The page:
Coerced testing usually follows employer offers to pay for private medical care.
About a third of South Africans living with HIV report experiencing HIV-related stigma, according to a 2014 survey conducted among about 10 500 people by the Human Sciences Research Council for the South African National Aids Council (Sanac). The study also found that around 25% of respondents who reported having lost work in the year preceding the research attributed this to HIV discrimination.
According to Legal Aid South Africa legal support practitioner Tshepang Monare, employers accused of such discrimination may find themselves at the Commission for Conciliation, Mediation and Arbitration or bargaining councils, though most discrimination cases usually end up at the Labour Court.
If the court finds in the employee’s favour, employers may be forced to pay up to two years’ wages as well as additional claims for damages, says Monare.
As the hotline enters its second year, paralegals are fielding many calls, not from corporate employees but rather from those working in small companies, as well as from domestic workers.
HIV discrimination never went away
South Africa’s Aids Law Project won several landmark cases in support of HIV-positive people’s rights. In 2010, the project closed its doors and re-emerged as the more broadly focused public interest law organisation Section27, which trained the hotline’s paralegals.
Six years after the Aids Law Project closed, some employers may be smarter about disguising their discrimination, but many of the ways in which employees experience workplace HIV discrimination remain the same, according to Section27 paralegal Violet Kaseke.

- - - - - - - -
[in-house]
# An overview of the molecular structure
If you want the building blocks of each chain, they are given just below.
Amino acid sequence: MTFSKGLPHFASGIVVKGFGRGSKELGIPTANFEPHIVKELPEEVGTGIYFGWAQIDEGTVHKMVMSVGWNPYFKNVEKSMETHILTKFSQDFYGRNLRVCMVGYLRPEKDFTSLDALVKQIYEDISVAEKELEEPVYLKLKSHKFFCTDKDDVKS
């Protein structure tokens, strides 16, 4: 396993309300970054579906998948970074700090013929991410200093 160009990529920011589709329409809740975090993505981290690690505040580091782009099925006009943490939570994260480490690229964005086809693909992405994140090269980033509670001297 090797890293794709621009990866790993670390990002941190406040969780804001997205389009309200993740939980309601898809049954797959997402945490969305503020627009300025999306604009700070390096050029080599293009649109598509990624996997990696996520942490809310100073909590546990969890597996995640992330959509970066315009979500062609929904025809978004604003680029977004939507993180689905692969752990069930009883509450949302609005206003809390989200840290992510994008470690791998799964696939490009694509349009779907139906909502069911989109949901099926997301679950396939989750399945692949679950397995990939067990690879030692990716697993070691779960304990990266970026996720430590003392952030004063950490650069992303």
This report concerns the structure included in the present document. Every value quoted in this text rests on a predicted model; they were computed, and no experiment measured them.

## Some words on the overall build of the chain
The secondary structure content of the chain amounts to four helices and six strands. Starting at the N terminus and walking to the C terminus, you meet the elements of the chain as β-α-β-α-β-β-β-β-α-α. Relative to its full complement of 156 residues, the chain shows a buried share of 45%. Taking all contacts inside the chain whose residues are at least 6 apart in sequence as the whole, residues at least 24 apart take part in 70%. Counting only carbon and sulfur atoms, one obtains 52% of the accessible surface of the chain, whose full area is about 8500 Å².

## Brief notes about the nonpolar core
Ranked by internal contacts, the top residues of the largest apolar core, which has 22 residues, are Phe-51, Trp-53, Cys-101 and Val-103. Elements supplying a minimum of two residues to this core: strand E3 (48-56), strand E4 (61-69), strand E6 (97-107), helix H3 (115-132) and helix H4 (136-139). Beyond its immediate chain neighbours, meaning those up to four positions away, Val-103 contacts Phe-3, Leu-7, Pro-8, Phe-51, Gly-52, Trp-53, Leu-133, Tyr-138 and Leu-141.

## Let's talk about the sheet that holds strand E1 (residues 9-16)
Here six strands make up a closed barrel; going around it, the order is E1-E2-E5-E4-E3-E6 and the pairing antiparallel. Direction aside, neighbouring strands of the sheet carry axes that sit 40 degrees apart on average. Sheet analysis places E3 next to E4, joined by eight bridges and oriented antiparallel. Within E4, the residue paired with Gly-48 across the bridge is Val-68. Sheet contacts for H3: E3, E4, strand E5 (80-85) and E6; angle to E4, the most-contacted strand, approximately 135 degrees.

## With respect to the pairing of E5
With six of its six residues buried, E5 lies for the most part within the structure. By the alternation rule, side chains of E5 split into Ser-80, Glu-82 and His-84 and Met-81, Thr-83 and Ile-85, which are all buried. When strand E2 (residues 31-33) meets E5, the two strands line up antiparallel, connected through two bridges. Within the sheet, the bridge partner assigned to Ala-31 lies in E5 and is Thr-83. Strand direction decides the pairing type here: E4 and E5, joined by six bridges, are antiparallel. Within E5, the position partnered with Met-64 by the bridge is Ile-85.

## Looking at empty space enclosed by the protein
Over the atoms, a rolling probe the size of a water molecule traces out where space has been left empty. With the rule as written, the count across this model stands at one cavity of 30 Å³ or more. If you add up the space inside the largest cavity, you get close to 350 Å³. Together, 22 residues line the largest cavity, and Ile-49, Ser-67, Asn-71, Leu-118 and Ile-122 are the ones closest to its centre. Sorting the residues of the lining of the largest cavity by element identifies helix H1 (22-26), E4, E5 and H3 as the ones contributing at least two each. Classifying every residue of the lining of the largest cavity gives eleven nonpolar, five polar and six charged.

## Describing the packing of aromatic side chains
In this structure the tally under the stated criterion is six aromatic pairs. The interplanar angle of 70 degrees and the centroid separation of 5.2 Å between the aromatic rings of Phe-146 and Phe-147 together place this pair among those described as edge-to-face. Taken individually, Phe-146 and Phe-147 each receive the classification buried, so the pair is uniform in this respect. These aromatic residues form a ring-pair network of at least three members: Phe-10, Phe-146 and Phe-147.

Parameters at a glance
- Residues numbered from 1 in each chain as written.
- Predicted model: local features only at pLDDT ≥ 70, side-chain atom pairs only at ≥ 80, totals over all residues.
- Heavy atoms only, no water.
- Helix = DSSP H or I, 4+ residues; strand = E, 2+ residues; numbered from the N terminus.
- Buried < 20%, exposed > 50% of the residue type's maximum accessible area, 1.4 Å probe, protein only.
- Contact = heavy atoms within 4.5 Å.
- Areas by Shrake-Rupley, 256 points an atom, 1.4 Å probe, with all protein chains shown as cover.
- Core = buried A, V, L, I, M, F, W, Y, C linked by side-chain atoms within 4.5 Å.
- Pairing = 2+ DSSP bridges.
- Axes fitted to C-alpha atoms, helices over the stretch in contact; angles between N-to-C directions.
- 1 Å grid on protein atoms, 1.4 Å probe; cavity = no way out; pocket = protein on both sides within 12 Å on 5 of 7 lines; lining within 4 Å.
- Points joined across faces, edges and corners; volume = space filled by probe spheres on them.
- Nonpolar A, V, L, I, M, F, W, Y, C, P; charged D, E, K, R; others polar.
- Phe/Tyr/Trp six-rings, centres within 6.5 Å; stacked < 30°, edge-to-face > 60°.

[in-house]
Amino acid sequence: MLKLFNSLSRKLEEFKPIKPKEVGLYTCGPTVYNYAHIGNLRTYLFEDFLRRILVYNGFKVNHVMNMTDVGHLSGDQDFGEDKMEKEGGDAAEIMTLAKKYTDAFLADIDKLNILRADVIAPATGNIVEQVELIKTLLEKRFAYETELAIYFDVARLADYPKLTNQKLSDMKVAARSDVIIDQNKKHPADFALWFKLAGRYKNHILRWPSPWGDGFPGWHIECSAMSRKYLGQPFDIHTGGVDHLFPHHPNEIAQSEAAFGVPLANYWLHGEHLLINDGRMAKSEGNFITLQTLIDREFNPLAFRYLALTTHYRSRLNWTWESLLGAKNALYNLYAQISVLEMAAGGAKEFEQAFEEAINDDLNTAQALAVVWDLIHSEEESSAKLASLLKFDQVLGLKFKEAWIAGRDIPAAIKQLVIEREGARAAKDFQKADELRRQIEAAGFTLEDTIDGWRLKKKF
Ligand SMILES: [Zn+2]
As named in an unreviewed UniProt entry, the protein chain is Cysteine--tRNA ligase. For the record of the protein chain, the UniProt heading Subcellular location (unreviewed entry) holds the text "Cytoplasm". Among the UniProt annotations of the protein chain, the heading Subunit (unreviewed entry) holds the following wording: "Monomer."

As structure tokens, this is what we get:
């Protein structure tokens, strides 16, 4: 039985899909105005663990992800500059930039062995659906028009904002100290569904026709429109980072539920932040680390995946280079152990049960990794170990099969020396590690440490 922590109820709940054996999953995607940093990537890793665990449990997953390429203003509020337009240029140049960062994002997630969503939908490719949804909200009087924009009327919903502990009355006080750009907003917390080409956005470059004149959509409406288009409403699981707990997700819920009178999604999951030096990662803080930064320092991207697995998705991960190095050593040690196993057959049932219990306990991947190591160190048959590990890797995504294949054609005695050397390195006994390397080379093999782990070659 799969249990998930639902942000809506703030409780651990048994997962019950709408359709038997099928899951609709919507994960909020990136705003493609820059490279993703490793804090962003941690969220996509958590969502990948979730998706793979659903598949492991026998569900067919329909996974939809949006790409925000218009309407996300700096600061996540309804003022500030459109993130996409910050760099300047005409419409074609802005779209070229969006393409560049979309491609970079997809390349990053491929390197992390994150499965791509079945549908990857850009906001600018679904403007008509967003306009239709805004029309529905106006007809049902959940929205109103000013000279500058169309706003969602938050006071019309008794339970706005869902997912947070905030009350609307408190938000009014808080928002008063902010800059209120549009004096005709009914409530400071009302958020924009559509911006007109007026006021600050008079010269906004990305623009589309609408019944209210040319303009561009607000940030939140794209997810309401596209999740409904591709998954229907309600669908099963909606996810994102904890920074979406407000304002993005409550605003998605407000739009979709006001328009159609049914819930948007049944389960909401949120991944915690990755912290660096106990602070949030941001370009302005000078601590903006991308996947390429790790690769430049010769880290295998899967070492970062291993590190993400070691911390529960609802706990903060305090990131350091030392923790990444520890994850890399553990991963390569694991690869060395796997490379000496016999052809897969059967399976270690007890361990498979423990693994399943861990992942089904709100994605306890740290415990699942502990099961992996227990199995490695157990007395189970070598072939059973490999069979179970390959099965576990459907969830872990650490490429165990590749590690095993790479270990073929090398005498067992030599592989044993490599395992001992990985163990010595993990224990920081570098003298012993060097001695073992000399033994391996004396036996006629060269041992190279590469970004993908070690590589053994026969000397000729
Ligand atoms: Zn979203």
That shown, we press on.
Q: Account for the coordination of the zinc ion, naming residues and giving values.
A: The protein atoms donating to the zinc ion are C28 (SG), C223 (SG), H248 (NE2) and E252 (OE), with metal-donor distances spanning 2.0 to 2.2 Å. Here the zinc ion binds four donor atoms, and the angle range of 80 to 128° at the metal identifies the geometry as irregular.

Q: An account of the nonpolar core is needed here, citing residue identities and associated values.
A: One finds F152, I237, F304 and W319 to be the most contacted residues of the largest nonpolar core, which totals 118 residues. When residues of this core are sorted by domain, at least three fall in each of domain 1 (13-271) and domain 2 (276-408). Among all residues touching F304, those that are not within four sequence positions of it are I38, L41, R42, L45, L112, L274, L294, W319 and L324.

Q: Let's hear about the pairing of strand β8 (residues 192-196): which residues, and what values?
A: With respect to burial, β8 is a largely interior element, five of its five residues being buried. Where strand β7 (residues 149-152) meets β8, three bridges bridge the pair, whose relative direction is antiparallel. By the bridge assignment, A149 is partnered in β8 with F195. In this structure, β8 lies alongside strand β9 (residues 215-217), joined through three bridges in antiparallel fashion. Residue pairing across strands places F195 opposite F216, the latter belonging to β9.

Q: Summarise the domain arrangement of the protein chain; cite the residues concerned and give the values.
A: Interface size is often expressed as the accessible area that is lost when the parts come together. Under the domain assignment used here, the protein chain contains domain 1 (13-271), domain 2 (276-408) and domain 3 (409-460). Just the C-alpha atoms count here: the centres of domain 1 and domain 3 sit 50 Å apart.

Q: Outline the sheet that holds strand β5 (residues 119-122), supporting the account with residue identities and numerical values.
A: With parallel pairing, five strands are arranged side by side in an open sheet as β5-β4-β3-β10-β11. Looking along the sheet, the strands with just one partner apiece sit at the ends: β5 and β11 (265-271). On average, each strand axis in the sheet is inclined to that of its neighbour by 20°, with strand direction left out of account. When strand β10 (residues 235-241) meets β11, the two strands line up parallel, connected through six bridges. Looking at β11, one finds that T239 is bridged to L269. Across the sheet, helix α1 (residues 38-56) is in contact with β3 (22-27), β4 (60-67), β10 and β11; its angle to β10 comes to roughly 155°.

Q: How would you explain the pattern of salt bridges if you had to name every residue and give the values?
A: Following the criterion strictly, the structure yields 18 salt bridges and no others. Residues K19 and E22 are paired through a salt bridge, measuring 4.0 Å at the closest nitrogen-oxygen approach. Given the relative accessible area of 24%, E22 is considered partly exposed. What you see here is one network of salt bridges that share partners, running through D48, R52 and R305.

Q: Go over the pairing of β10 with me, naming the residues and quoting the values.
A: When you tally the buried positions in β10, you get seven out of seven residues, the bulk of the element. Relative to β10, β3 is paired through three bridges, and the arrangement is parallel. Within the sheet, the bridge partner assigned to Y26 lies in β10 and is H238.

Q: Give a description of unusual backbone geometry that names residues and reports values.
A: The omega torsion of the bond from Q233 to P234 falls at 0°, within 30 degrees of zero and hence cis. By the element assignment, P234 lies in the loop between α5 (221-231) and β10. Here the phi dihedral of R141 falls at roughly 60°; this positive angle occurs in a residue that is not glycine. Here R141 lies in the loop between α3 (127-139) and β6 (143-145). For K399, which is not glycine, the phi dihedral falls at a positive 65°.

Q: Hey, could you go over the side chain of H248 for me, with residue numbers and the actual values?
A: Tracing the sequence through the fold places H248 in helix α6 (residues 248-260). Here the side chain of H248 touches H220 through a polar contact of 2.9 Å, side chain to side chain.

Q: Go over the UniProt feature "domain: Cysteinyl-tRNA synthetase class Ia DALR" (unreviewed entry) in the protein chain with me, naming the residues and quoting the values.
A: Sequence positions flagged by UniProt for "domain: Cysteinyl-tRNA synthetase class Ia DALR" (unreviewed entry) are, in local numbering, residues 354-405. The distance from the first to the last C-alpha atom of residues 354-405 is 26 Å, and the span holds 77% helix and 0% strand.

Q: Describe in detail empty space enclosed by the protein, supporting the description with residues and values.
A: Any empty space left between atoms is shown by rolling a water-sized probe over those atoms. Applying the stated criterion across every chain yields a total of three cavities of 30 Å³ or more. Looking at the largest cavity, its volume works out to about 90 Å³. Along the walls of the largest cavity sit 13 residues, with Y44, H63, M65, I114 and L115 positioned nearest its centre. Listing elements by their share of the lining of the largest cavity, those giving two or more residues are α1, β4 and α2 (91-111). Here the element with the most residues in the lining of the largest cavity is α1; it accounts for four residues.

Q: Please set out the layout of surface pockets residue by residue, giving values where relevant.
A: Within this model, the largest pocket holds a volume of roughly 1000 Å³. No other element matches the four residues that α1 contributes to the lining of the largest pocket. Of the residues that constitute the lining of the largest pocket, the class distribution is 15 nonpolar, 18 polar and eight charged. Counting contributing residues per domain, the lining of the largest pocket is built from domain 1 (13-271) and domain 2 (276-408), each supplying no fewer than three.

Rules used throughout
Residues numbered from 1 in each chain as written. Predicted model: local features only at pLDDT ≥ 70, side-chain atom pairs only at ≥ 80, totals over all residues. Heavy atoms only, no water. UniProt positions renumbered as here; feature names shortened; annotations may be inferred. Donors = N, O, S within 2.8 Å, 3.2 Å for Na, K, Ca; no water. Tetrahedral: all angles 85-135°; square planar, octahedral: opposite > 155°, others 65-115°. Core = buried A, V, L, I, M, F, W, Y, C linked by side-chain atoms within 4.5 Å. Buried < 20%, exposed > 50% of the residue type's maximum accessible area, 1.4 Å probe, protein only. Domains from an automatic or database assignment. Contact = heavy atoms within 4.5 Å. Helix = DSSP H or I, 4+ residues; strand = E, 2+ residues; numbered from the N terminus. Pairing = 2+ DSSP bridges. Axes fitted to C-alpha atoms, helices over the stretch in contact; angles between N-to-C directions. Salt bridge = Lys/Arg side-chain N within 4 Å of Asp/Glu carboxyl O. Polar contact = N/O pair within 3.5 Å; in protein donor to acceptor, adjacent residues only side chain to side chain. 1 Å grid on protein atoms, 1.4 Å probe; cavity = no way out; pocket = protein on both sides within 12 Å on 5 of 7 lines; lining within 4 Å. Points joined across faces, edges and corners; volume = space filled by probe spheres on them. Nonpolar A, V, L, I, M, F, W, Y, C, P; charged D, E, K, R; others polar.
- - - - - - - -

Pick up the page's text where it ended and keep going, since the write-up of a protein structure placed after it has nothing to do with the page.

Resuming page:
Domestic workers remain some of the most vulnerable to HIV workplace discrimination, and this may include being tested for HIV without consent, she says. This coerced testing usually follows an employer’s offer to pay for private medical care. Having seen three such cases in as many months, Kaseke says she fears this type of discrimination may be on the rise.
“While within big companies, this may be an issue of the past. What we think is happening is that within small and medium-sized companies there are still instances of discrimination against HIV-positive people,” says Section27 executive director Mark Heywood, who previously headed the Aids Law Project.
According to Heywood, the Aids Law Project succeeded in establishing a legal framework to protect people living with HIV. What it did not succeed in was ensuring that people knew their rights under the law or had access to legal representation to enforce them.
“We didn’t close the Aids Law Project because the problem had been solved, we closed it because we wanted to expand,” says Heywood. “The level of discrimination against people living with HIV never went away.”